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Complete Amp, Speaker, and Wire Install​

Notes:
Hopefully this saves someone some time, because it took me around ~20 hours from start to finish to remove trim, install amp, install speakers, run speaker wire, and reinstall the trim (not a single broken latch by the way).

NOT ALL OF THE PICTURES ARE MY OWN. I do not claim to have taken all these photos, but they greatly helped me when I installed everything. Hopefully the owners do not mind that I post them.

Links:
Here are some important links that helped me immensely:
Component Speaker Install by SilverGLS
Amp Install by FlatLand2D
Crutchfield - Amp Install
A huge thank you goes out to everyone on this forum that helped me with my questions and especially SilverGLS and FlatLand2D for their guides.

Info:
I have a 2012 Elantra. I installed Infinity Kappa 60.9 component systems in the front and Infinity Kappa 652.9i in the rear and a Pioneer GM-D9500 amp. I chose the amp because of it's tiny size and Class FD cooling and energy efficiency because I was planning on installing it under my seat. They we're all bought from various sellers on Amazon. I bought my 8 gauge amp install kit from KnuKonceptz because it had good reviews and was cheap for everything it included. It all sounds amazing. The most impressive feature is the volume. The same volume that happened on 25 on the stock system now occurs at about 11 or 12. I haven't put it past 14... yet.

Before we begin, realize that these are process photos and you should finish your wire with electrical tape, solder, loom, velcro, zip-ties, etc. so that everything is protected, covered, and not dangerous.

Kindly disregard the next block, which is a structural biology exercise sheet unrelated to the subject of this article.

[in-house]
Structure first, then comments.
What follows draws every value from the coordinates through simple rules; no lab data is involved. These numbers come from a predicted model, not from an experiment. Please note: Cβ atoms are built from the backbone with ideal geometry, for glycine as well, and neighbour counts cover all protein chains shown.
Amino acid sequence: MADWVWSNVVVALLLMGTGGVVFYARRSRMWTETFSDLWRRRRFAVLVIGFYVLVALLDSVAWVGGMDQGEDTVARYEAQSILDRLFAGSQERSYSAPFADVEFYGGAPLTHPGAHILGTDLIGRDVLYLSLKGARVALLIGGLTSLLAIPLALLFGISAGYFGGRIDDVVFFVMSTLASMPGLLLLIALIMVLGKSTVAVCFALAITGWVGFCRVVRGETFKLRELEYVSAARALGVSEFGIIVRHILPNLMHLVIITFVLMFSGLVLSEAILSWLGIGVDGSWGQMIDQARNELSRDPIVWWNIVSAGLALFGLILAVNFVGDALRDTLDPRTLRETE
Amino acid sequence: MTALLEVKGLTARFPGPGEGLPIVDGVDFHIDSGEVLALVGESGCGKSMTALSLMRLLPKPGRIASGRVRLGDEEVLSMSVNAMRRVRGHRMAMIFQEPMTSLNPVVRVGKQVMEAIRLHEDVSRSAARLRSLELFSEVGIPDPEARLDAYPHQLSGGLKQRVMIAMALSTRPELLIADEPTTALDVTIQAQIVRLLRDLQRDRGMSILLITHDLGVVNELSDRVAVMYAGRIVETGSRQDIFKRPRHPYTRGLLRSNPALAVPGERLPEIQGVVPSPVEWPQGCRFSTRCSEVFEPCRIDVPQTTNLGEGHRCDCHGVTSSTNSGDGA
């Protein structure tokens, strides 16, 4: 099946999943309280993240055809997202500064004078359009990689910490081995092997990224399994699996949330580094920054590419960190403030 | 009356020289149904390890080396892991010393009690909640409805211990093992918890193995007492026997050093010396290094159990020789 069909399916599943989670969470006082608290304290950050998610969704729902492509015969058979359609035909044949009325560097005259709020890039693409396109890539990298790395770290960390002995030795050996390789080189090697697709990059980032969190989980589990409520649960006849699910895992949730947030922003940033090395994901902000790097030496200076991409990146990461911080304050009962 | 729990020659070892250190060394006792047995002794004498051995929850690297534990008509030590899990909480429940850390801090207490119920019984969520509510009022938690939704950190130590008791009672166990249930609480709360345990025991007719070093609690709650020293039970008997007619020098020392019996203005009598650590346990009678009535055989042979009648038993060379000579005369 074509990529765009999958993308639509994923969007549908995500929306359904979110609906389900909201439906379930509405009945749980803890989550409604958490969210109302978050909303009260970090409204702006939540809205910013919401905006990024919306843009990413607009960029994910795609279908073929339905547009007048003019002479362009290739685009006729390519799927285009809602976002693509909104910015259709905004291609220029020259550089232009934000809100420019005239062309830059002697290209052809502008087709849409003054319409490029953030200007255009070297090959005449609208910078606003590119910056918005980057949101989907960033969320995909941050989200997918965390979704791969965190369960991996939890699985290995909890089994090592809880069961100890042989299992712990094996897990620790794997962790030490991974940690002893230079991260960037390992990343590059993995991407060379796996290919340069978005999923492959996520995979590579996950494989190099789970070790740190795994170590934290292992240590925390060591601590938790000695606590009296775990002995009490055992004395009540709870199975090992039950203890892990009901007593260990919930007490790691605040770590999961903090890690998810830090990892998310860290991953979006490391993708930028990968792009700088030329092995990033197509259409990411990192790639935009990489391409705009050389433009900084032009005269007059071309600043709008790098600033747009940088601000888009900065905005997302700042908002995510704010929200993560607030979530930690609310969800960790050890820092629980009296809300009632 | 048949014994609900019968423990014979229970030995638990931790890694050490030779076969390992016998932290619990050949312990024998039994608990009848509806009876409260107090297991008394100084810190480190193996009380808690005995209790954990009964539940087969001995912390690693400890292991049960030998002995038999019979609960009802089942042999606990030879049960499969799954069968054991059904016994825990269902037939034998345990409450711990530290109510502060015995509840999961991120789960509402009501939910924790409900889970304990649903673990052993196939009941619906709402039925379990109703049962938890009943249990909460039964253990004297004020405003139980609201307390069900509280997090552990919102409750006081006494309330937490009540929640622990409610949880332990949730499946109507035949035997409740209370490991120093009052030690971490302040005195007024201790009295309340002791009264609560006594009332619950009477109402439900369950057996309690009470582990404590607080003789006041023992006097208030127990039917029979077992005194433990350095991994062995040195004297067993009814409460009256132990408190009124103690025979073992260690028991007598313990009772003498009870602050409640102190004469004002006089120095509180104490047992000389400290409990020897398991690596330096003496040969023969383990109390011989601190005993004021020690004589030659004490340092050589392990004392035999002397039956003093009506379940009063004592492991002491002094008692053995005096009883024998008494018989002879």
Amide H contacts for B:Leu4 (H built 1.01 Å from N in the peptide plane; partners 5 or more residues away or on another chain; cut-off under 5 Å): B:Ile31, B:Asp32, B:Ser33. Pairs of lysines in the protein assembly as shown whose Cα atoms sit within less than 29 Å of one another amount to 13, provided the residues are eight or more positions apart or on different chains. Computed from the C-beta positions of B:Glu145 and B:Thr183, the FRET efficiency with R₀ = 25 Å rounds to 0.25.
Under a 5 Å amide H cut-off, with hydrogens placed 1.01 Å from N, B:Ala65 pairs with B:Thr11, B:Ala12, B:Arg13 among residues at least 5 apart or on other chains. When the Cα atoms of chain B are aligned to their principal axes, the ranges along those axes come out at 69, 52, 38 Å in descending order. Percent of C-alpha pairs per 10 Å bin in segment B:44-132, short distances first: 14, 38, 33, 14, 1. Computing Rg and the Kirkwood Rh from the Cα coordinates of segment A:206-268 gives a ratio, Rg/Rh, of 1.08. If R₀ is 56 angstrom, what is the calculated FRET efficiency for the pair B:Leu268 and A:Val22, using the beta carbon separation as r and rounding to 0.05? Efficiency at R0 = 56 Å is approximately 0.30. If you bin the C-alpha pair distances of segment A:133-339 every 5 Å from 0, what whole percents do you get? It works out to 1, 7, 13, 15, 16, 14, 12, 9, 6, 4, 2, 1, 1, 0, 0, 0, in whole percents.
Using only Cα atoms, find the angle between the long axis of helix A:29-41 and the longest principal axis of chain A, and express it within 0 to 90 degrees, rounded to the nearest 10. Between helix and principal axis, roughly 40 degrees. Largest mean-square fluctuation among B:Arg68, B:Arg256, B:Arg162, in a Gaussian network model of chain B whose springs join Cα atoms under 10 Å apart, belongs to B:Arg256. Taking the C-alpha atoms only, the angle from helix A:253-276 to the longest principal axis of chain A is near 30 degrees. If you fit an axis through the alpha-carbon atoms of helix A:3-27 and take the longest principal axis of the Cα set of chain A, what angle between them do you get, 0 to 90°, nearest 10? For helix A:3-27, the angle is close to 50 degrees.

Instructions:​

0. Roll the rear windows all the way down and the front windows about halfway down (it'll help later). Also, lower the volume on your head unit all the way down so that when you turn it back on it won't blast music.

1. VERY IMPORTANT: Pop the hood and disconnect the negative battery terminal on your car battery.

2. Start removing trim. With all of this, wrap a screwdriver in tape, cloth, etc. so that you don't scratch your interior. The plastic kickplates on the bottom of each side doorway pop off with sufficient pressure and a screwdriver (as does all of the trim, so don't worry about breaking them. It's OK to be forceful). You will have to remove the trim that hides the seat-belts, so you might as well do that right now as well. Again, just put a screwdriver in and wedge it open. The doors are removed by popping off 2 little trap doors, removing 2 screws, pulling the trim off, and then disconnecting all the wires and handle/door openers. Watch a video here:
. Once the door panels are off, you may want to remove the speakers now. There are many different ways of doing this, but I decided on the tried and true method courtesy of SilverGLS (his picture below). Cut the speaker with an Xacto right where the high-tech material *ahem* I mean paper, meets the rubber. He removed his speaker buckets, but mine were riveted (except for one which used T20 Torx for some reason...) so I decided to just cut them while still installed in the door so I could reuse the buckets as spacers.
The head unit trim is a little more complicated. Follow this link for a video of the removal process:
. Or, look at these pictures:


3. Run the amp power cable through your firewall. I used an existing hole suggested by FlatLand2D (these are his photos). The cable will share a grommet with the hood release cable. I used a length of bailing wire attached to the cable to fish the wire through the firewall, to a spot I could reach near the battery. You are going to do this a lot throughout the guide, so I put some yellow tape on the last 6 inches of the bailing wire so that I could spot it easier.

These photos were taken from where the driver's feet would normally be, by FlatLand2D.

4. Attach the power cable with a ring terminal to the positive side of the battery and install the in-line fuse holder. Do not install the fuse yet, as you will probably turn the car on/off a few times throughout the install. Another photo from FlatLand2D showing the best positioning: